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Gabriel Boric’s Turbulent and Fast-Paced Road to the Chilean Presidency

Gabriel Boric of the Social Convergence party celebrating his second-round victory in Chile’s presidential elections on 19 December 2021 [Photo Credit: Paolo Slavchevsky / Flickr]

On the night of 19 December 2021, in front of tens of thousands of supporters, Gabriel Boric, the presidential candidate of a left and centre-left parties’ coalition, gave his victory speech after defeating the far-right candidate José Antonio Kast in the run-off. In his address, he pledged to guard the country’s ongoing constituent process and to further social rights in areas where the dominant paradigm sees only consumer goods. At the same time, and seeking to expunge a possible generational arrogance, he identified himself as an heir to the long historical trajectory of struggles for social justice and ended by paraphrasing Salvador Allende’s victory speech delivered in the same place on the night of September 4, 1970.

At just 35 years of age, Boric became the youngest president in Chilean history. More significantly, this happened only ten years after he became a national public figure after winning the presidency of the student federation of the University of Chile in 2011. One way to begin to understand the confusing Chilean politics of the last decade is to see 2011 and 2021 as inextricably linked. 

In 2011 Chile experienced the largest social mobilisations since the return to democracy. These were led by a university student movement that revolted against the commodification of education and stood for free education altogether. Although these protests cannot be understood without considering the massive mobilisations of secondary school students in 2006, it was the protests of 2011 and 2012 that operated as a critical juncture prompting the rise to a new political cycle of defiance of neoliberal hegemony and political elites.

The eruption of these protests led some analysts to predict that this malaise produced by the Chilean neoliberal model was leading to a fatal crisis of legitimacy that anticipated its collapse (Mayol, 2012), and that this was a structural crisis in which what was at stake were the principles on which the socio-economic and political systems were based upon (Garretón, 2016).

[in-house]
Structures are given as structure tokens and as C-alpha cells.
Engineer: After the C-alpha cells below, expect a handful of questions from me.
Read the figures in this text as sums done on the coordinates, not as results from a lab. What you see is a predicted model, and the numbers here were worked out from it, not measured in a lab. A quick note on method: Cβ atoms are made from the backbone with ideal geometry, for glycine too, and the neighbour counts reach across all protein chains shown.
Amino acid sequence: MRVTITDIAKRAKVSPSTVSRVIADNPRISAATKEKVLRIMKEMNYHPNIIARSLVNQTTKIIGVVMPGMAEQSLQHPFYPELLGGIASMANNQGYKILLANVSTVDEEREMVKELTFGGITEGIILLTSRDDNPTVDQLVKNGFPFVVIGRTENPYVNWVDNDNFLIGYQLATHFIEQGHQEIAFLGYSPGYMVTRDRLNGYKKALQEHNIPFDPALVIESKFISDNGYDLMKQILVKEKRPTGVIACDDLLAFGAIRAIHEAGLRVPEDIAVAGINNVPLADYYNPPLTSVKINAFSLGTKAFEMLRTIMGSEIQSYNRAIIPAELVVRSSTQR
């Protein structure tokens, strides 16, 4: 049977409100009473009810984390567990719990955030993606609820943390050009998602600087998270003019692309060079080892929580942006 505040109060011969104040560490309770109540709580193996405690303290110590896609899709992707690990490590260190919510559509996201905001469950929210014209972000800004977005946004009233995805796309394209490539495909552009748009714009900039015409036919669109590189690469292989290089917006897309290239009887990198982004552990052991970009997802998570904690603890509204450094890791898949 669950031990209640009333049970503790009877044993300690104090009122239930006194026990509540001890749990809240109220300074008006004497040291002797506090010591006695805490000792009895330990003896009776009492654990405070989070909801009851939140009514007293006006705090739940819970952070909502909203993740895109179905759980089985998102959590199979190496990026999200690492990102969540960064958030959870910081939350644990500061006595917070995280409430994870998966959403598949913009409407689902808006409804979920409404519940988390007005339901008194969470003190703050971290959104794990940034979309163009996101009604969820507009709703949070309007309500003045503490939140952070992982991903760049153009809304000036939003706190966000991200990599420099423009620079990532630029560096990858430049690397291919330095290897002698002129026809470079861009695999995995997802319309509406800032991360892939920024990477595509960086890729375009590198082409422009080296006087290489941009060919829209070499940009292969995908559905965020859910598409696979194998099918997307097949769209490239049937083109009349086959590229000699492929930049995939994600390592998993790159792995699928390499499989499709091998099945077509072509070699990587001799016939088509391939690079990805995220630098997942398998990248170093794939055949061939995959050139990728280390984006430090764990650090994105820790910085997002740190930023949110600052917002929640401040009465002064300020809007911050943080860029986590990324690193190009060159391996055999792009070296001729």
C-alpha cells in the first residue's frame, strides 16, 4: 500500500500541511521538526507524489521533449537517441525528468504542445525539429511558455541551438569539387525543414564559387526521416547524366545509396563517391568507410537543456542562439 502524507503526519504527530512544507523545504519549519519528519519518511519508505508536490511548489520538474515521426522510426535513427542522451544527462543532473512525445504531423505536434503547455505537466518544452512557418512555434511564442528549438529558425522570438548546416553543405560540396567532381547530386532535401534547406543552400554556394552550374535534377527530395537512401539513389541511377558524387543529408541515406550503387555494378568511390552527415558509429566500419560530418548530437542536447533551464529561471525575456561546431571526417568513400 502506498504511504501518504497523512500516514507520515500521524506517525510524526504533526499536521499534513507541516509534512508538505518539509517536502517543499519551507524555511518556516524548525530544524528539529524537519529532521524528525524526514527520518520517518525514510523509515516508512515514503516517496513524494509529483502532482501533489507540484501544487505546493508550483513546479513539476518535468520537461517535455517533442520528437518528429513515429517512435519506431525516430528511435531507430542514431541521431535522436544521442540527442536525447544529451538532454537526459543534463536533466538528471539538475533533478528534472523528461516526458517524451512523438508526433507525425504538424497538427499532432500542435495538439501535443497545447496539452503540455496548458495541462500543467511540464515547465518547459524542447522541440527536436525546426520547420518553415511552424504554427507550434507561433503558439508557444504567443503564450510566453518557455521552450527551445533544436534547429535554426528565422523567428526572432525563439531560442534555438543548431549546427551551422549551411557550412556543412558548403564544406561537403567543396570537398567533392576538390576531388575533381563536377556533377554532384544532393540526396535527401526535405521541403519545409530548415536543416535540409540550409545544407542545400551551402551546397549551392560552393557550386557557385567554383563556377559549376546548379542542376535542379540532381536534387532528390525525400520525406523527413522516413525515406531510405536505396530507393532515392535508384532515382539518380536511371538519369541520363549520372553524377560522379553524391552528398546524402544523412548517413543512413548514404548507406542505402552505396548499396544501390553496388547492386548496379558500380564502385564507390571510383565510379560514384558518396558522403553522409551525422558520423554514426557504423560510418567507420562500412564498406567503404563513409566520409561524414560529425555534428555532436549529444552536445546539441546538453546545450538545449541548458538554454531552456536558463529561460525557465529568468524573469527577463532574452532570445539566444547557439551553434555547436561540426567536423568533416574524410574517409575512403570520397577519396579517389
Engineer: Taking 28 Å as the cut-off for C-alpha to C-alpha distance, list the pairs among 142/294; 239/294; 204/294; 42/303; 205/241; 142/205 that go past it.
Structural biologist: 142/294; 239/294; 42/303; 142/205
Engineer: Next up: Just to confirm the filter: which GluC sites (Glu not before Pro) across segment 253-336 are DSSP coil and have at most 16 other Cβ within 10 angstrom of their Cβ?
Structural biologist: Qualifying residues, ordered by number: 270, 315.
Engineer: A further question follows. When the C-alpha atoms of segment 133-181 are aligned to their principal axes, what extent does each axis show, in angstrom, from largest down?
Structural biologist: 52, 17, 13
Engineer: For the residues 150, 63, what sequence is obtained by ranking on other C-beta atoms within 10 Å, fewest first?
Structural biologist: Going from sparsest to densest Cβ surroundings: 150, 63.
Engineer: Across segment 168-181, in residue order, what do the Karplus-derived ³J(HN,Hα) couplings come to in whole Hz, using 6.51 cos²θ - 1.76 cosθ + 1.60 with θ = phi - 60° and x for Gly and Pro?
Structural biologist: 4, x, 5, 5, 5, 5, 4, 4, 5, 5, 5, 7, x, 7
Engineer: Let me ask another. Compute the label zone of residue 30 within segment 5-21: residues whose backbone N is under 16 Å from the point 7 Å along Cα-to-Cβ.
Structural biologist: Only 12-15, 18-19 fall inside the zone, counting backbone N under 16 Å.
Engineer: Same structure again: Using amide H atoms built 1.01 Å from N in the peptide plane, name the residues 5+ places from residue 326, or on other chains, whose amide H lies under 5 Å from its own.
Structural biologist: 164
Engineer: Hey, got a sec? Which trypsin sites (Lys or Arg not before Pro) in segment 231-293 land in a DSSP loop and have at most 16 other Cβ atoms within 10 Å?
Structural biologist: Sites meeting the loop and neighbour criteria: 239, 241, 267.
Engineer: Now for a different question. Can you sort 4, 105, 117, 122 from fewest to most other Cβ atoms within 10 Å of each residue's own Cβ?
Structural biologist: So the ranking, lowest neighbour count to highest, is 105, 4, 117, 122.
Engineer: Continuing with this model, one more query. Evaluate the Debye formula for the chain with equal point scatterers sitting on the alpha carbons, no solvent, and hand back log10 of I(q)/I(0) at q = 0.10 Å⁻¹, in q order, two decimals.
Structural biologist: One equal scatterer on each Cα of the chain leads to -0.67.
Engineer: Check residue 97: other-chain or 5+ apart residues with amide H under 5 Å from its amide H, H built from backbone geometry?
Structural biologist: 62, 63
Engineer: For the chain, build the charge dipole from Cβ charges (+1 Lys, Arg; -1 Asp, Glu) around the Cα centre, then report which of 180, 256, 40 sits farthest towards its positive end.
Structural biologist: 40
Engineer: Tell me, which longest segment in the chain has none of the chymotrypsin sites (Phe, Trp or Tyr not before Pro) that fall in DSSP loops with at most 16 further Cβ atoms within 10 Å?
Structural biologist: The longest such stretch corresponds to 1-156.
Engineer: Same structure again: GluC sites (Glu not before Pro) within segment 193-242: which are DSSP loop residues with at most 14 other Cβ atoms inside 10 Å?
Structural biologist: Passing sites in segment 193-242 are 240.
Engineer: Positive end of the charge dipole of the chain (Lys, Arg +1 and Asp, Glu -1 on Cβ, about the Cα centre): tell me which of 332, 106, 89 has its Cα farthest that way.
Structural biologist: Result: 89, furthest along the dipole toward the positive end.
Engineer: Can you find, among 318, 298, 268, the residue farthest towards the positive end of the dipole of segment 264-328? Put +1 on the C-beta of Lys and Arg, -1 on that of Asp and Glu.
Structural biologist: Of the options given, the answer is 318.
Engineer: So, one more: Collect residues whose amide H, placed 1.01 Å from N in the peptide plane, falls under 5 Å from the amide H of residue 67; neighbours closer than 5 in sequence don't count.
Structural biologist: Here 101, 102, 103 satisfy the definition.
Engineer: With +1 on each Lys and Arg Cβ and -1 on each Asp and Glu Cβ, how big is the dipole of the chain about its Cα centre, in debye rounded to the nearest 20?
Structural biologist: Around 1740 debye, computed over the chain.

Gabriel Boric became a protagonist in Chilean politics in this turbulent context of structural crisis. In the 2013 parliamentary elections, and with the echoes of the 2011-2012 student movement still resonating, four former leaders of different student federations were elected to parliament: Camila Vallejo and Karol Cariola, from the Communist Party; and Gabriel Boric and Giorgio Jackson, both from left-wing student political organisations that, after various mutations, would become the core political parties of a new political coalition formed in early 2017, the Frente Amplio.

The presence of these new young MPs in parliament would cause a stir. Their interventions held strong stance against the political and economic elites, especially those of Gabriel Boric, which resonated with the general sense of rejection towards traditional parties that were perceived as a “political class” operating only in terms of their own interests. Proof of this was the progressive and systematic decline since the 1990s in voter turnout, in the number of party members and, more generally, in all indicators reflecting affinity for any party, coalition or ideological sector.

As the formal democratic regime consolidated, the democracy-authoritarianism conflict that had organised the party system into two coalitions (supporters vs. opponents of the dictatorship), was inexorably weakening. In its place, what could be described as an anti-establishment or anti-oligarchic cleavage, understood as a division or fracture between the citizenry and the various power elites (especially the political “class”) was gaining relevance. This cleavage not only implied the population’s withdrawal from the political process, but also the emergence of leaders and ‘protest political parties’ that challenged the traditional parties (Alvear Atlagich, 2021).